* 2012 underlying pretax profit 51.9 mln stg, down 2 pct
* 2013 profit to be held back by store revamp plan
* Rate of new store openings to slow
* Consumers face price increases in 2013
* Shares fall as much as 7 pct
(Recasts, adds CEO, analyst comments, shares)
By James Davey
LONDON, March 20 Greggs, Britain's
biggest seller of food-on-the-go, plans to spruce up its stores
in a bid to persuade cash-strapped shoppers to buy more of its
sandwiches and sausage rolls, after it posted a fall in 2012
Shares in the company, which has more outlets in Britain
than burger chain McDonald's, dropped as much as 7
percent on Wednesday after it reported a deepening decline in
underlying sales in recent weeks, due in part to bad weather.
New chief executive Roger Whiteside said the Newcastle,
north east England-based firm would slow down the pace of new
store openings in favour of stepping up investment in existing
shops, giving customers more space for browsing, making more
products available for self selection and providing more seats.
It will also roll out its more upmarket "Greggs the Bakery"
format, while deciding on the potential expansion of its "Greggs
Moment" cafes later this year.
"A refurbished estate should provide the group with greater
pricing power, (and) the opportunity to improve the quality, and
depth and breadth of their range," said Wayne Brown, analyst at
However, he estimated the short term cost meant a 3 percent
cut to his 2013 profit forecast.
Retailers across Europe are battling a prolonged squeeze in
consumer incomes as governments try to reduce their deficits.
Germany's Metro said on Wednesday it was also stepping
up investment in its main cash and carry business in a bid to
reverse a decline in profit.
Greggs, which has 1,671 stores and sees scope for over
2,000, said it would slow its rate of new openings to a net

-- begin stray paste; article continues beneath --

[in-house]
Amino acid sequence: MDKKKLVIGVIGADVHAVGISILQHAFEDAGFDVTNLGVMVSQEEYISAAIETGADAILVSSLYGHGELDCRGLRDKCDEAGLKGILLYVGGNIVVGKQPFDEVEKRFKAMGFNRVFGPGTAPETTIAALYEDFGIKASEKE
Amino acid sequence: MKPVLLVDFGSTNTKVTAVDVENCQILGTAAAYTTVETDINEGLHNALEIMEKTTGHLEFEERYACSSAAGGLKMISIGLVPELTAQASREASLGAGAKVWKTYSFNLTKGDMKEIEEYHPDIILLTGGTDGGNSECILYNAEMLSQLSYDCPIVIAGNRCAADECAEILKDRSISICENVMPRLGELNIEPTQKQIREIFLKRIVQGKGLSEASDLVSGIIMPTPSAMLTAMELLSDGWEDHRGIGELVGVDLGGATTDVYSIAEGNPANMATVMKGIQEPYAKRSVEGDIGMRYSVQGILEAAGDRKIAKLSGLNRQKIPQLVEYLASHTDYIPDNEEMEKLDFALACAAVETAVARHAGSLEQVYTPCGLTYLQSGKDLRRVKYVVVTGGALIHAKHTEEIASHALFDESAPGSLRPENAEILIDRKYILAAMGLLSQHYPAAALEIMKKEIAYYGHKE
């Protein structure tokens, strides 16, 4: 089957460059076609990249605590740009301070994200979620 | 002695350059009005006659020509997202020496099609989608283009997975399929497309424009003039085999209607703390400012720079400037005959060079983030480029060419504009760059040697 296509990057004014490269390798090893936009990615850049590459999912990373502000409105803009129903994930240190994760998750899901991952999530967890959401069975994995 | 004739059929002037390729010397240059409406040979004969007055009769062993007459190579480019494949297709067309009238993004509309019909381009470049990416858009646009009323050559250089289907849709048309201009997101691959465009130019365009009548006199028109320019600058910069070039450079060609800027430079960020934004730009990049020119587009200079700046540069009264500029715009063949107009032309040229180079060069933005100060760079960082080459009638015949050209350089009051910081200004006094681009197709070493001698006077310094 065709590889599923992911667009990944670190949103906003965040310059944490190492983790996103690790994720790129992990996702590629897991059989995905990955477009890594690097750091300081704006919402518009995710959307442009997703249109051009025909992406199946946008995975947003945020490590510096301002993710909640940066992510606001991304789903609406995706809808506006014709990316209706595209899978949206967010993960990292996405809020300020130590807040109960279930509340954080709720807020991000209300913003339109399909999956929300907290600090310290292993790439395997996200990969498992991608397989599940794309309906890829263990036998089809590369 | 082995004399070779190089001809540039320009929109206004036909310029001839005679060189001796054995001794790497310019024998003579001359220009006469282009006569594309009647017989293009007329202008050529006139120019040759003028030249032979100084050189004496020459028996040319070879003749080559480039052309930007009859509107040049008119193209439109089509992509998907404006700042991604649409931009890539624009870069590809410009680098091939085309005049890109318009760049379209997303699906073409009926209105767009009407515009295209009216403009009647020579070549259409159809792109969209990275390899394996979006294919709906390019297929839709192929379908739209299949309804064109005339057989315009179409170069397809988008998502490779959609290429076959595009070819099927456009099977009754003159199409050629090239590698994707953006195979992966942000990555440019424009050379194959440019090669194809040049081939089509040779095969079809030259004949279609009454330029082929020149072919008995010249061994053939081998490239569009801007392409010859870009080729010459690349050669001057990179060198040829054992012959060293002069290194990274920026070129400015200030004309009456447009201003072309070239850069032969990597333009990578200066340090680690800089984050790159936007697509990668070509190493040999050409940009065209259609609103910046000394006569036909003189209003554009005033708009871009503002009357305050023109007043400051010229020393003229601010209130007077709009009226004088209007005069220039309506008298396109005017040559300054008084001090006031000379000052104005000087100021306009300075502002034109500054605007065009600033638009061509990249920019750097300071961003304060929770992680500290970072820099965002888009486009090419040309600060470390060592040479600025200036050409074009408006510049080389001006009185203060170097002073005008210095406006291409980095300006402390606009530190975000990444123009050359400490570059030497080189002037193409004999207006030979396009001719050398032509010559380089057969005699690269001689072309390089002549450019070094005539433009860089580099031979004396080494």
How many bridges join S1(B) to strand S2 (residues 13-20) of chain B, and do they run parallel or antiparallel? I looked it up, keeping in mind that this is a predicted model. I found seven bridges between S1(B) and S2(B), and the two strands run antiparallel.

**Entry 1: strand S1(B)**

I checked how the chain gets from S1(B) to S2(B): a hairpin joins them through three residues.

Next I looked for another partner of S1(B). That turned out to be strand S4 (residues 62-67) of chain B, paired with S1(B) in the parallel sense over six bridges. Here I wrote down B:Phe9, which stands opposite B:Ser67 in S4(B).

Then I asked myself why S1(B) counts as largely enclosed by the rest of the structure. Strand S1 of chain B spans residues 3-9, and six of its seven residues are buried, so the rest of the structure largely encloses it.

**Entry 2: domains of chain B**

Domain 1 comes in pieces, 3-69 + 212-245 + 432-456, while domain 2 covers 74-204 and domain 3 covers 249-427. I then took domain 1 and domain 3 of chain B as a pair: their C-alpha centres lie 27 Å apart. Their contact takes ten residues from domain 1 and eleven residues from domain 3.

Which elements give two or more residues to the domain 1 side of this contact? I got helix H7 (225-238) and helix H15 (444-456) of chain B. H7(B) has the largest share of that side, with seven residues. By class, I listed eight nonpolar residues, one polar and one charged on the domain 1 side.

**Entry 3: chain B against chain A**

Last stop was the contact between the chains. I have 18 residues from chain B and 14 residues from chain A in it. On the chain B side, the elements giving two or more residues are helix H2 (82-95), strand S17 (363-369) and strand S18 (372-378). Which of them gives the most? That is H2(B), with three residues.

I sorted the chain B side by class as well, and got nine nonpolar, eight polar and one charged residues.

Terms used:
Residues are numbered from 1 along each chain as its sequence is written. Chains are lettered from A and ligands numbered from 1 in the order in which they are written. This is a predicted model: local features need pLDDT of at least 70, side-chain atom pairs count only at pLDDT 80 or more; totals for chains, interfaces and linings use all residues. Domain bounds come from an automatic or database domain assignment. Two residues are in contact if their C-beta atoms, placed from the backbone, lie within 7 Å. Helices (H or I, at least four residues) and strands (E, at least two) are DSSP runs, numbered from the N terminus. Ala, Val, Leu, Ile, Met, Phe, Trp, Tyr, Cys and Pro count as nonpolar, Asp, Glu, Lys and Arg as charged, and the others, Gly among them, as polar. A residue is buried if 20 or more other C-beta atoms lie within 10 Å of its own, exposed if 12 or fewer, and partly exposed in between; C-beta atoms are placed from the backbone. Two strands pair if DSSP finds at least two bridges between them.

50-60 stores this financial year, from a net 100 in 2012.
It will more than double shop refurbishments to 250,
investing 55-65 million pounds ($83-98 million), depending on
the timing of the construction of a 30 million pounds frozen
manufacturing facility in central England.
Greggs, which says it had over 660,000 Facebook fans, made
an underlying pretax profit of 51.9 million pounds in the year
to Dec. 29, in line with analysts' average forecast but down
from 53.1 million pounds in 2011.
Total sales rose 4.8 percent to 735 million pounds,
reflecting the store openings as well as growth in wholesale
sales to Iceland supermarkets and a franchise deal with Moto
motorway service stations.
However, sales at stores open over a year fell 2.7 percent,
hit by poor weather and declining high street footfall.
"People don't go out and eat two sandwiches on a Tuesday if
they couldn't brave the weather on a Monday. Once we've lost a
sale, we've lost a sale," said Whiteside, a former chief
executive of pubs group Punch Taverns.
Even with its relatively low average transaction value of
just over two pounds Greggs has not been immune to the economic
The firm said like-for-like sales were down 4.0 percent in
the 11 weeks to March 16, with snow in January also hurting.
Whiteside said that though the firm would find cost savings
to help mitigate the impact of commodity cost inflation some
price rises for consumers were inevitable in 2013.
"There will be some but given the sort of brand we are, it
will be literally pennies," he said.
Greggs is paying a dividend of 19.5 pence, up 1 percent - a
28th consecutive year of dividend growth.
Shares in the company, down 4 percent over the last year,
were off 32.5 pence to 491 pence at 1135 GMT, valuing the
business at about 509 million pounds.
($1 = 0.6615 British pounds)
(Reporting by James Davey; Editing by Neil Maidment and Mark